So like… so much happens in this video. So much that I need to break it down, so you can understand the daily tragicomedy of the bat pens, and of zookeeping in general.
Here’s your background, because a lot happened before I even managed to turn on the camera. This is a pen containing bats of three species: variable flying foxes, Rodrigues fruit bats, and little golden-mantled flying foxes. The variable flying foxes in this pen are all old and arthritic and often kind of cranky. All the bats in the pen are female except for two castrated males (one variable, one golden).
This whole altercation began when I went to feed one of the variable flying foxes, Miss Pearl, her daily supplement. Miss Pearl was recently moved from a different pen because she was having trouble competing with younger bats during feeding time. She never really integrated with the other variables and instead likes to hang out with the Rodrigues flying foxes (Rods).
There are three Rods in this pen, and all three of them dislike being near people. Chalk it up to them having chronic weight problems and getting grabbed for weighing all the time. Anyway, when I moved to feed Miss Pearl, all three Rods moved away in different directions. One of them (Skye) moved towards the cluster of variable flying foxes hanging to my right.
Flying foxes, as we all know, are territorial of the places they like to roost in, and have a personal bubble of a few inches that they consider sacred. So Skye moved into the personal bubble of one of the variables, causing a domino effect as everybody shifted around and got into everybody else’s bubble.
The variable directly next to the rogue Rod, shifted away and ended up irritating her neighbor, Amelia. The two variables began to argue, which in bat terms means gurgling at each other and smacking each other with their thumbs. Arguments like these conclude when one bat gives up and moves away, but this one went on a little longer than normal, and attracted the attention of Mr. Kringle, the castrated male variable that lives in the pen.
Mr. Kringle is old and extremely arthritic, and got moved to this pen because he got picked on by younger males. Since he’s been in this pen, he’s gotten back a lot of vigor and often attempts to mount/boss around the lady bats (with little effect). Upon noticing the argument, he lurched over to the pair, got in Amelia’s face, and proceeded to start squeak-yelling at her, an action that could either be intended as a “Hey, let’s fuck,” suggestion, or simply a desire to insert himself into the fight.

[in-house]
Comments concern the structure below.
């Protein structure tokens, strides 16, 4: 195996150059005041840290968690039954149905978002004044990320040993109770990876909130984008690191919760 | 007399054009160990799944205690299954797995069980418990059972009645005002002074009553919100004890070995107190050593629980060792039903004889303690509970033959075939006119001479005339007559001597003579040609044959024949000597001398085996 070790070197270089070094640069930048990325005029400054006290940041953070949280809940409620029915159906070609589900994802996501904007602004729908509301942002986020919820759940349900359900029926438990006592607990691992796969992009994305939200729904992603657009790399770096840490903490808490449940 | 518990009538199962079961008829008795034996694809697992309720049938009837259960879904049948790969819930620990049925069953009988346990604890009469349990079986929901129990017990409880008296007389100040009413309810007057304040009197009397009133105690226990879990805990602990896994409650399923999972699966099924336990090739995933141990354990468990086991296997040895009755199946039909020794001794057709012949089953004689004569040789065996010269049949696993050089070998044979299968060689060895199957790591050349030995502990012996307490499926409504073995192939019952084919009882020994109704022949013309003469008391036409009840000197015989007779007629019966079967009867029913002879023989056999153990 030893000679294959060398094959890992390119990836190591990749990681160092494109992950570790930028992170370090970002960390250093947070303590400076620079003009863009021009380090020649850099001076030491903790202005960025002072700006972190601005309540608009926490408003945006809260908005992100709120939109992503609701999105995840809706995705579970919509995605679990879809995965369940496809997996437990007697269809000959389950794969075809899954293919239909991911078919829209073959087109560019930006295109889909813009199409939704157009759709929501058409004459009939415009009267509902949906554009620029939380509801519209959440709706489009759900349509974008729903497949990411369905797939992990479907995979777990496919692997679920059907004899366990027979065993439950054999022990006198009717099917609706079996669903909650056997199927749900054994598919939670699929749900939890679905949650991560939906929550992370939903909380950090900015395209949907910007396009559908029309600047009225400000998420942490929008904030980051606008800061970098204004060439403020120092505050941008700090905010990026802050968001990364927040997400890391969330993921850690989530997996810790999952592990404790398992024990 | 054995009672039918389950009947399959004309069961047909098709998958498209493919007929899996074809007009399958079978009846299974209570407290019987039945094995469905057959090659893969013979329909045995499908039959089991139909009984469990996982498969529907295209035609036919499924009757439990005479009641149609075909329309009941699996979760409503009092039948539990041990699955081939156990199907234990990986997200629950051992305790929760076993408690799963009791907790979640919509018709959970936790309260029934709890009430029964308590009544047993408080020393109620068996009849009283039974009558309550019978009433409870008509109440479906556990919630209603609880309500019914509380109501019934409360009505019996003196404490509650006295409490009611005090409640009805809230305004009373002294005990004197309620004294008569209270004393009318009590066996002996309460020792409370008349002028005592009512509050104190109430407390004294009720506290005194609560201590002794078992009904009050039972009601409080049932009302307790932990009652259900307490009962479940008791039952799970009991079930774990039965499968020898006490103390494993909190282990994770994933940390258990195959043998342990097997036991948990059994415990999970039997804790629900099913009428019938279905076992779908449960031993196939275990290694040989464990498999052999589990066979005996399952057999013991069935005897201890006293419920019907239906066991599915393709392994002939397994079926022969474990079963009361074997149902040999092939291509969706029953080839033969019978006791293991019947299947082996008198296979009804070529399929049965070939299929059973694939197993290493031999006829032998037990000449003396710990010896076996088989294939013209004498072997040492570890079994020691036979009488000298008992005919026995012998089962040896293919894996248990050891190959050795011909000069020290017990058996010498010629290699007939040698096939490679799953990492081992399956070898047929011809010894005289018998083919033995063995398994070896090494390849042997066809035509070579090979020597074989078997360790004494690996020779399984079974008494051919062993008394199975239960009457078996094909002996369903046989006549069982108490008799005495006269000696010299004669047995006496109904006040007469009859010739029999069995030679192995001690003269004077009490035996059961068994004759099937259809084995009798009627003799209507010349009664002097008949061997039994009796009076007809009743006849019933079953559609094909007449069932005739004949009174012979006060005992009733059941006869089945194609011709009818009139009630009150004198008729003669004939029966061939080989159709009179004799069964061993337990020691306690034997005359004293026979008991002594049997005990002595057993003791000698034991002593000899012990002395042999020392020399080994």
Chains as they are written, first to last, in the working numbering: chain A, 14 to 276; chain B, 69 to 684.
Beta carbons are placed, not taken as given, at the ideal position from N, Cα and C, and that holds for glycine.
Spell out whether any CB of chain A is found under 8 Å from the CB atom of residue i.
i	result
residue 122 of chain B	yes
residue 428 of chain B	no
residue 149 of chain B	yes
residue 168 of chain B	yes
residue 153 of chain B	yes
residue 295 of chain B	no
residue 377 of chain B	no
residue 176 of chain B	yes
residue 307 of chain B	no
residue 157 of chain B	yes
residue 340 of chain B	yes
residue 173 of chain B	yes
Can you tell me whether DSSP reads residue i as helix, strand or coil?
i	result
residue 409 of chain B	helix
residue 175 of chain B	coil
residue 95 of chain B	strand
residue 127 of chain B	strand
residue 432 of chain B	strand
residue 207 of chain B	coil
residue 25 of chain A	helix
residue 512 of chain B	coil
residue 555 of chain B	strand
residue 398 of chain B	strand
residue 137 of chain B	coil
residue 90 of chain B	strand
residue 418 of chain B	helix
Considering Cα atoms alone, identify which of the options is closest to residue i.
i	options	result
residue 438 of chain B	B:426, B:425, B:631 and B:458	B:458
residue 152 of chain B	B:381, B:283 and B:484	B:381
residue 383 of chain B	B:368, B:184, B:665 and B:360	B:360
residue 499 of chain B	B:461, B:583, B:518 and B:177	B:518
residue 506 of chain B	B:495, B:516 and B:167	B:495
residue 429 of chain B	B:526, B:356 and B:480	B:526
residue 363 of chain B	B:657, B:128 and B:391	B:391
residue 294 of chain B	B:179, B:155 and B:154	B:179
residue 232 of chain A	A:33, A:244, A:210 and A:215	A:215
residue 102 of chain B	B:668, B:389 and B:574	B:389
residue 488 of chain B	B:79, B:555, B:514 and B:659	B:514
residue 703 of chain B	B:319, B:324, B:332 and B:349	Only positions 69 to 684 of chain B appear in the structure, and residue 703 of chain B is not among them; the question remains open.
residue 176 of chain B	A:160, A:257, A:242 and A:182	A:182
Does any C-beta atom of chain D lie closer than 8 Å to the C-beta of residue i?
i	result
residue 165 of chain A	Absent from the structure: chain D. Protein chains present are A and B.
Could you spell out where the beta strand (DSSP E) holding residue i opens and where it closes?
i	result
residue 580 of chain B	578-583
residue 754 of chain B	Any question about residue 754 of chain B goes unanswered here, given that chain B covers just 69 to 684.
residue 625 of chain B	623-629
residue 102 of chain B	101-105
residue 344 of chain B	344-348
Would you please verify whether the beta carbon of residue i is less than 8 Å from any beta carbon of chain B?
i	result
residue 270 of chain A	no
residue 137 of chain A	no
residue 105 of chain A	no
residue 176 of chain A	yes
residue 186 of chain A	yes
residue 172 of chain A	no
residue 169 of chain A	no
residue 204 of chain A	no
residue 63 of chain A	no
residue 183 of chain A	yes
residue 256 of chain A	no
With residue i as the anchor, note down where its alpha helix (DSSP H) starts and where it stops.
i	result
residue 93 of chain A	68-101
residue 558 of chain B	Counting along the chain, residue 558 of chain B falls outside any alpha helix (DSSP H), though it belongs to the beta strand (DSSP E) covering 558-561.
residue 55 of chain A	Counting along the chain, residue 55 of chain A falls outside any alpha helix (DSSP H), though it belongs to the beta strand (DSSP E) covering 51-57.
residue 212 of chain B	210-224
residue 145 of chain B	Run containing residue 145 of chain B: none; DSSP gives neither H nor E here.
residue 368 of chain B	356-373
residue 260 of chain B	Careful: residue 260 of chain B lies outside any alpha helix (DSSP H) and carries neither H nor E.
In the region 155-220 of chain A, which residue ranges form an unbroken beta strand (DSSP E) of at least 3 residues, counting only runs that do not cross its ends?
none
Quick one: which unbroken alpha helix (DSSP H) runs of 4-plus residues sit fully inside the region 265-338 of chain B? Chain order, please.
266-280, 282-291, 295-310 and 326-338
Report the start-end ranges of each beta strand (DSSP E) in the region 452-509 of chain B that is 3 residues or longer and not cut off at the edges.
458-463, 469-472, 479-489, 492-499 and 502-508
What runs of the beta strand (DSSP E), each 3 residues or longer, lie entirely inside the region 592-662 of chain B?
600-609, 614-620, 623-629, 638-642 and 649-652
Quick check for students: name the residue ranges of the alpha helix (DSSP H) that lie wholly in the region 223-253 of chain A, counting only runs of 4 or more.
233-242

This is when I started filming. Upon the start of the video, you have Mr. Kringle squeak-yelling at a very frustrated Amelia, as her neighbor looks on at her shoulder, while Skye hangs in the foreground keeping a worried eye on me.
Then, as the argument between Amelia and Mr. Kringle progresses, another variable, Cocoa, crosses in front of everything and proceeds to urinate and defecate in the bat style (hanging from her thumbs). You’ll notice some liquid goes on her when she shakes, but this is actually leftover water from rain that was hanging on the wire mesh, not urine. Though bats do often deliberately cover themselves with urine. Anyway.
1 = Skye. 2 = Mr. Kringle. 3 = Amelia. 4 = Amelia’s neighbor, who I can’t remember the name of at the moment. 5 = Cocoa.
By the end of the video, Amelia gives up and moves away, ending the fight. Her neighbor adds in one last squeak as she does so. Mr. Kringle looks as though he’s ready to fall asleep after all the exertion. You can catch a glimpse of Amelia looking back at me in the last second or so of the video, like she just remembered I was there. Also, as an added bonus, you can see a bat named Serina scratching herself on the right around the 25 second mark.
Altercations like this happen numerous times each day in the bat pens. There are alliances and break-ups and silly squabbles that sometimes turn serious, and there are the keepers, too, constantly reorganizing everybody to try and maintain a little order.
Anyway, I thought about putting this video up with just a one-line caption, and letting people draw their own conclusions. But there’s so much backstory to what’s going on, you know? And I really find it fascinating to parse it all out and understand exactly what led to what.